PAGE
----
UPPER WEST SIDE, MANHATTAN (PIX11)—
Something far more concerning than marching bands, balloons, cheerleaders and clowns was at the Macy’s Thanksgiving Day Parade. Confidential personal information is what some paradegoers found among confetti tossed during the world’s most famous parade. That information included social security numbers and banking information for police employees, some of whom are undercover officers.
Ethan Finkelstein, who was home from college on Thanksgiving break, was watching the parade at 65th Street and Central Park West, when he and a friend noticed a strip of confetti stuck onto her coat.
“It landed on her shoulder,” Finkelstein told PIX11 News, “and it says ‘SSN’ and it’s written like a social security number, and we’re like, ‘That’s really bizarre.’
It made the Tufts University freshman concerned, so he and his friends picked up more of the confetti that had fallen around them.
“There are phone numbers, addresses, more social security numbers, license plate numbers and then we find all these incident reports from police.”
One confetti strip indicates that it’s from an arrest record, and other strips offer more detail. “This is really shocking,” Finkelstein said. “It says, ‘At 4:30 A.M. a pipe bomb was thrown at a house in the Kings Grant’ area.”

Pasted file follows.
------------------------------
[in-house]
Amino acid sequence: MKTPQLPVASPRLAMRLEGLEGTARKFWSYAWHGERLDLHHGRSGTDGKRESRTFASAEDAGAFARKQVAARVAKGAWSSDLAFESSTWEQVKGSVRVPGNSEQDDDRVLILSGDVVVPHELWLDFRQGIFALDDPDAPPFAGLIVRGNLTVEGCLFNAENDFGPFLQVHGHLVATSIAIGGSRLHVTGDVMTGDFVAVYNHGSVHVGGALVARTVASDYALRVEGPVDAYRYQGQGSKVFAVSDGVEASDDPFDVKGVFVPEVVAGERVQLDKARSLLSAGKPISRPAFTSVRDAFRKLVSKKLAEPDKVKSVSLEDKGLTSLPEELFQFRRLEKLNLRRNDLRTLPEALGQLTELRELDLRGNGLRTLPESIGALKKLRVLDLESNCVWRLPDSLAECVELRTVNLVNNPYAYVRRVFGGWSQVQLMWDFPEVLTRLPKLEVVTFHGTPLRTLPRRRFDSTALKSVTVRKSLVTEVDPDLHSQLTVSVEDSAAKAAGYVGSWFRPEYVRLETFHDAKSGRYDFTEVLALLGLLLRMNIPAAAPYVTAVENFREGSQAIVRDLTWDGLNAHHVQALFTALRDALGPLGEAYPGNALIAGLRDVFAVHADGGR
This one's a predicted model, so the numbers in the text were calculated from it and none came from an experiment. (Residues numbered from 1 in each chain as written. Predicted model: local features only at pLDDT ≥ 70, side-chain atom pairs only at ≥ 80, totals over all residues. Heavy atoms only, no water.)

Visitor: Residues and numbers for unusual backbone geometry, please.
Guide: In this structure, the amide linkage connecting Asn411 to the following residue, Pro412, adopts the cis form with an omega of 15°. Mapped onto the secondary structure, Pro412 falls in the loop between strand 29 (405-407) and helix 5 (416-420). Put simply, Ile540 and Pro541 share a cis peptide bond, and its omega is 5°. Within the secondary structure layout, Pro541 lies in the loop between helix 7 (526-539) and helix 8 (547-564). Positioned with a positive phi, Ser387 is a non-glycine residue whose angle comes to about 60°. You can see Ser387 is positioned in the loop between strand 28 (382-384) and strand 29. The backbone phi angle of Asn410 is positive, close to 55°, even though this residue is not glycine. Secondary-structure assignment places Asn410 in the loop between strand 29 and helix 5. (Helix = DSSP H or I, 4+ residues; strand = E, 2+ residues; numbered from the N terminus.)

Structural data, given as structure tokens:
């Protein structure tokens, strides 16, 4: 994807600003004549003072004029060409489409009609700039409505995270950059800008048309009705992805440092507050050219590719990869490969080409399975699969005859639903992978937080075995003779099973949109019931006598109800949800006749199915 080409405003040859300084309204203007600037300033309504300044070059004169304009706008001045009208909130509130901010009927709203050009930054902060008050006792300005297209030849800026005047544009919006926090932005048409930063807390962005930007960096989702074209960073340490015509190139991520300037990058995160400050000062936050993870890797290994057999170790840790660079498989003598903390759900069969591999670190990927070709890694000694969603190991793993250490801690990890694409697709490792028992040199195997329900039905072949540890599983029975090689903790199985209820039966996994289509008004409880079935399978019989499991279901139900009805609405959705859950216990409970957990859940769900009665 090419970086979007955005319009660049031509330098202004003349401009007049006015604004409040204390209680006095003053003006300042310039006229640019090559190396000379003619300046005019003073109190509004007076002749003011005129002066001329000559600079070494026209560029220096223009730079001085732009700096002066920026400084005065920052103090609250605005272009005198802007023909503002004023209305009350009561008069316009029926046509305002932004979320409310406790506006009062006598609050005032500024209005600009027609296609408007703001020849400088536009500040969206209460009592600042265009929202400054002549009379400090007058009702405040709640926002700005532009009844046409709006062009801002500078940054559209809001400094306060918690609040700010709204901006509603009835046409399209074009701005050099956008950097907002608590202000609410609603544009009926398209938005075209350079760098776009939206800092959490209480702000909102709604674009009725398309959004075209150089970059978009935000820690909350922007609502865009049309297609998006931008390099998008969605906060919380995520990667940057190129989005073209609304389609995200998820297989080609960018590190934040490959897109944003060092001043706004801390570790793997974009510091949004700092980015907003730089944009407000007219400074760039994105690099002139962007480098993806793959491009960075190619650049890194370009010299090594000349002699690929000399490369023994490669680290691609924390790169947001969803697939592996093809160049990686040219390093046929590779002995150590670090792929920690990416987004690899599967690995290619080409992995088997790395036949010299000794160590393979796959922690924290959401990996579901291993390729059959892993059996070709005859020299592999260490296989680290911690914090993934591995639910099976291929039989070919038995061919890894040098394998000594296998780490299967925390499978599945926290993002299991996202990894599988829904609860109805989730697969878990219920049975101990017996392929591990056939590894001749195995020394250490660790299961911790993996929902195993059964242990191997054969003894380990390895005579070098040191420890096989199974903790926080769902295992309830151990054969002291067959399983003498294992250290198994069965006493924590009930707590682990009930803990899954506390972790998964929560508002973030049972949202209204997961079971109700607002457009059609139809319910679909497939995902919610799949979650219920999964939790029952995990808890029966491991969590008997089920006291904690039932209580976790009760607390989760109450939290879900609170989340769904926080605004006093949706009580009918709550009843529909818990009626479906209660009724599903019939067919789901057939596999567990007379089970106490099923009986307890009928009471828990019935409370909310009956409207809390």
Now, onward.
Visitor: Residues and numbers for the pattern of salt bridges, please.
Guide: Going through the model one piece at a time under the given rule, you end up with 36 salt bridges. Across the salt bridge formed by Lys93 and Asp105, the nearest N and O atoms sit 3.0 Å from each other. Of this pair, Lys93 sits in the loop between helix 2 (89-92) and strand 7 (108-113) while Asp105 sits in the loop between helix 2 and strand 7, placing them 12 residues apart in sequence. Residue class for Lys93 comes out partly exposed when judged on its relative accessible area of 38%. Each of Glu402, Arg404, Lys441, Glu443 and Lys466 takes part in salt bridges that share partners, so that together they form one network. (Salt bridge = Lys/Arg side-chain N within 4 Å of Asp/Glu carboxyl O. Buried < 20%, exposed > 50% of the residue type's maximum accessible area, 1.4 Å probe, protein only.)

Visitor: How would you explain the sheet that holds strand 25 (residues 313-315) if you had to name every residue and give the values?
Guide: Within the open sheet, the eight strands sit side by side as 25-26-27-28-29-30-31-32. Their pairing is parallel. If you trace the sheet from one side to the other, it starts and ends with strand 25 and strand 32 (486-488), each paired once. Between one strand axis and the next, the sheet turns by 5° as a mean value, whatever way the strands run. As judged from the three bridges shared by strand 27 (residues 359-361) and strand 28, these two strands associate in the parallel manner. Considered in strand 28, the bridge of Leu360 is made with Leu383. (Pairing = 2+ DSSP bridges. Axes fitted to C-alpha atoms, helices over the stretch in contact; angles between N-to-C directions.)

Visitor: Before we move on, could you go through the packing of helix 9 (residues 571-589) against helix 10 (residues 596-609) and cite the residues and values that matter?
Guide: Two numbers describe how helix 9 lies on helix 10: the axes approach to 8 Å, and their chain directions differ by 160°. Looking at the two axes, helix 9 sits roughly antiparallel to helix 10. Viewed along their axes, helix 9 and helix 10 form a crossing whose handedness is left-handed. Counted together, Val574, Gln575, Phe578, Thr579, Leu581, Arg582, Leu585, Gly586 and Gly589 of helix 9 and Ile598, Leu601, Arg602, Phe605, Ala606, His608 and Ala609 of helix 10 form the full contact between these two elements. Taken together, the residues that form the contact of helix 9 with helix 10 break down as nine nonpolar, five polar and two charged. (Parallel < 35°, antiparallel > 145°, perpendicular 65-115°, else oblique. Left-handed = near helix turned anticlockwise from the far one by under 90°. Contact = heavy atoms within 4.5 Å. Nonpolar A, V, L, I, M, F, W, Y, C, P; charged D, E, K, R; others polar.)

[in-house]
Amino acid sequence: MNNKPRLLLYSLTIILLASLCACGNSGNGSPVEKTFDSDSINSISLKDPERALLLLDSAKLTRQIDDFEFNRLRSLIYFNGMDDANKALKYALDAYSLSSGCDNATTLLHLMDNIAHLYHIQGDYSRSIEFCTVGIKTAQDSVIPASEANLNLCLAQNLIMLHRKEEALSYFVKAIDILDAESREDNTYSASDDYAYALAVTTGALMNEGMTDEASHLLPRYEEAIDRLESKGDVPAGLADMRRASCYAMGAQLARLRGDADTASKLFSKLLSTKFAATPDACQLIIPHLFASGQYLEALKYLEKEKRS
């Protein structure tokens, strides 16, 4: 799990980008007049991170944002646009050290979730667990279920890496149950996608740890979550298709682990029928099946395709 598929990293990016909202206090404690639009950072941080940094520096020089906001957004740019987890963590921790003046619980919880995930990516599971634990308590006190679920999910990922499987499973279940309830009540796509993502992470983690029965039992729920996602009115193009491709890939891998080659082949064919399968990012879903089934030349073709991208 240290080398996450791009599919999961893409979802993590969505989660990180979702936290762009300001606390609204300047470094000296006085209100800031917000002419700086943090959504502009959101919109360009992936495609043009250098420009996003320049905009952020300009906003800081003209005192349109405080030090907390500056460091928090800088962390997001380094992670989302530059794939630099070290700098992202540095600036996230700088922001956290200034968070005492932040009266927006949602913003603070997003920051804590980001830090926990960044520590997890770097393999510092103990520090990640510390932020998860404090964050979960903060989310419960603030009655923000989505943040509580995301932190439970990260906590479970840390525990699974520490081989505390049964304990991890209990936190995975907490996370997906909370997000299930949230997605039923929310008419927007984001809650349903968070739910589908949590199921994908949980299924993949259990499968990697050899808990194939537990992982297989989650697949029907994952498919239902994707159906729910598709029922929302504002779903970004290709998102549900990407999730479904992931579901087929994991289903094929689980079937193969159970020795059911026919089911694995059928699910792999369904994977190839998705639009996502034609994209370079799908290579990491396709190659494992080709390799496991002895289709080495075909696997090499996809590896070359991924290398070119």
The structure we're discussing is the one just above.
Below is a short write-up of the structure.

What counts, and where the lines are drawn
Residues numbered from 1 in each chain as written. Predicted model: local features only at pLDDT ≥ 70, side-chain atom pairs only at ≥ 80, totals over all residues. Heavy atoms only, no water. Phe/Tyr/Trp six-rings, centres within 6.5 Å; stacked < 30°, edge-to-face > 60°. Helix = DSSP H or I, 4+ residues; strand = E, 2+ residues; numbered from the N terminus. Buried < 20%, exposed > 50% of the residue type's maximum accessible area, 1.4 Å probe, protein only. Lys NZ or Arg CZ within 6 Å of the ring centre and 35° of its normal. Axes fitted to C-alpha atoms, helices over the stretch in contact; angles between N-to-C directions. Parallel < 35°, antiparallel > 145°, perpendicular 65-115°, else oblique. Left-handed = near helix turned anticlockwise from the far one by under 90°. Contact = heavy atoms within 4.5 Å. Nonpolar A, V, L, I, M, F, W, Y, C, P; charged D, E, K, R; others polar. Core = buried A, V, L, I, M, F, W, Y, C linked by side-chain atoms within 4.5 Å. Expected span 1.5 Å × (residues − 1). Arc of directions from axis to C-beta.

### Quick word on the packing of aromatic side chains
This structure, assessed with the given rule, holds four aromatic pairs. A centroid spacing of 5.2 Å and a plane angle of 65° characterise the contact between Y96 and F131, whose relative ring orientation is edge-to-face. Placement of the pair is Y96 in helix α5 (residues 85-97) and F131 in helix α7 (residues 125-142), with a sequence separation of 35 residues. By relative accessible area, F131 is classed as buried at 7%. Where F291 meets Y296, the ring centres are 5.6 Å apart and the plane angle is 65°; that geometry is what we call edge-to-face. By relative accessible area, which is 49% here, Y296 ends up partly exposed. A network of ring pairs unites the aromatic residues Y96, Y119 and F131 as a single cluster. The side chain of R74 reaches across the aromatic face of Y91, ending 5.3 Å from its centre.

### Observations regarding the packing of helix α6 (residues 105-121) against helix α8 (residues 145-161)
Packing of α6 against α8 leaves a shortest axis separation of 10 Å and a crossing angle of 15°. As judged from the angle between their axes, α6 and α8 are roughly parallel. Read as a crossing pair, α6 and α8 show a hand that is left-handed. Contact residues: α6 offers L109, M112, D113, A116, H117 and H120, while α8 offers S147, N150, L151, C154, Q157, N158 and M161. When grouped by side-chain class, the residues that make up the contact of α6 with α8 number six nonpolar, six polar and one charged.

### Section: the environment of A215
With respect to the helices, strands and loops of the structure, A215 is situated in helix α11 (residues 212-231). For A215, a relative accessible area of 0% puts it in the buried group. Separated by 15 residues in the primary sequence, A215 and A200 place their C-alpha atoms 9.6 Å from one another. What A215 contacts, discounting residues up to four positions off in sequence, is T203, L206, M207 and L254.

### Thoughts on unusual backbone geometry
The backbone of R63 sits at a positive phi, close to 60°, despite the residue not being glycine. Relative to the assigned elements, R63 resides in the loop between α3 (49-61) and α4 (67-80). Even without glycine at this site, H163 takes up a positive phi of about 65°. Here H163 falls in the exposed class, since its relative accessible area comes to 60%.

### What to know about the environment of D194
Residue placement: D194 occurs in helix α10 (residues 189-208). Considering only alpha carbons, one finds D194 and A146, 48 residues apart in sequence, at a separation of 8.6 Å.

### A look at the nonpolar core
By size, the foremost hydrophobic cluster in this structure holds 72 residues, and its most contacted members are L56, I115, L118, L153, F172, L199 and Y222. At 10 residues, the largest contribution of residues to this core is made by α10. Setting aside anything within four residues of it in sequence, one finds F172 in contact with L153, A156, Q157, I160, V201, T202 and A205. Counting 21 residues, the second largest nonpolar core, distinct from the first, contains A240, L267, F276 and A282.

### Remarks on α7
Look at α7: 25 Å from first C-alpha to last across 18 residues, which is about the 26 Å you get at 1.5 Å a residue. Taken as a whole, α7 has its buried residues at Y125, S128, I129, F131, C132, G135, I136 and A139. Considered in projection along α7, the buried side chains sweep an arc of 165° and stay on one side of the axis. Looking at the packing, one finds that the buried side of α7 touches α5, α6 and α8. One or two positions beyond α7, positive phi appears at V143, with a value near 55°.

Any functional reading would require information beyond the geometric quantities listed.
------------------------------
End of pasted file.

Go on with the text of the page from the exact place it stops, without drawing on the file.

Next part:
A closer look shows that the documents are from the Nassau County Police Department. The papers were shredded, but clearly not well enough.
They even contain information about Mitt Romney’s motorcade, apparently from the final presidential debate, which took place at Hofstra University in Nassau County last month.
Most significant, the confetti strips identified Nassau County detectives by name. Some of them are apparently undercover. Their social security numbers, dates of birth and other highly sensitive personal information was also printed on the confetti strips.
“I’m just completely in shock,” said Finkelstein, 18. “How could someone have this kind of information, and how could it be distributed at the Thanksgiving Day Parade?”
It’s a question that PIX11 wanted an answer to as well. The Nassau County Police Department told PIX11, via a written statement from its commanding officer for public information, Inspector Kenneth Lack, “The Nassau County Police Department is very concerned about this situation. We will be conducting an investigation into this matter as well as reviewing our procedures for the disposing of sensitive documents.”
For its part, the sponsor of the parade, Macy’s, told PIX11 News that it uses “commercially manufactured, multi-color confetti, not shredded paper.”
It appears that the confetti strips are shredded police documents. Where they came from is still a mystery, but the people looking into the issue are trained at solving mysteries, and since they have a personal stake in the investigation, it may be more likely to be conclusive.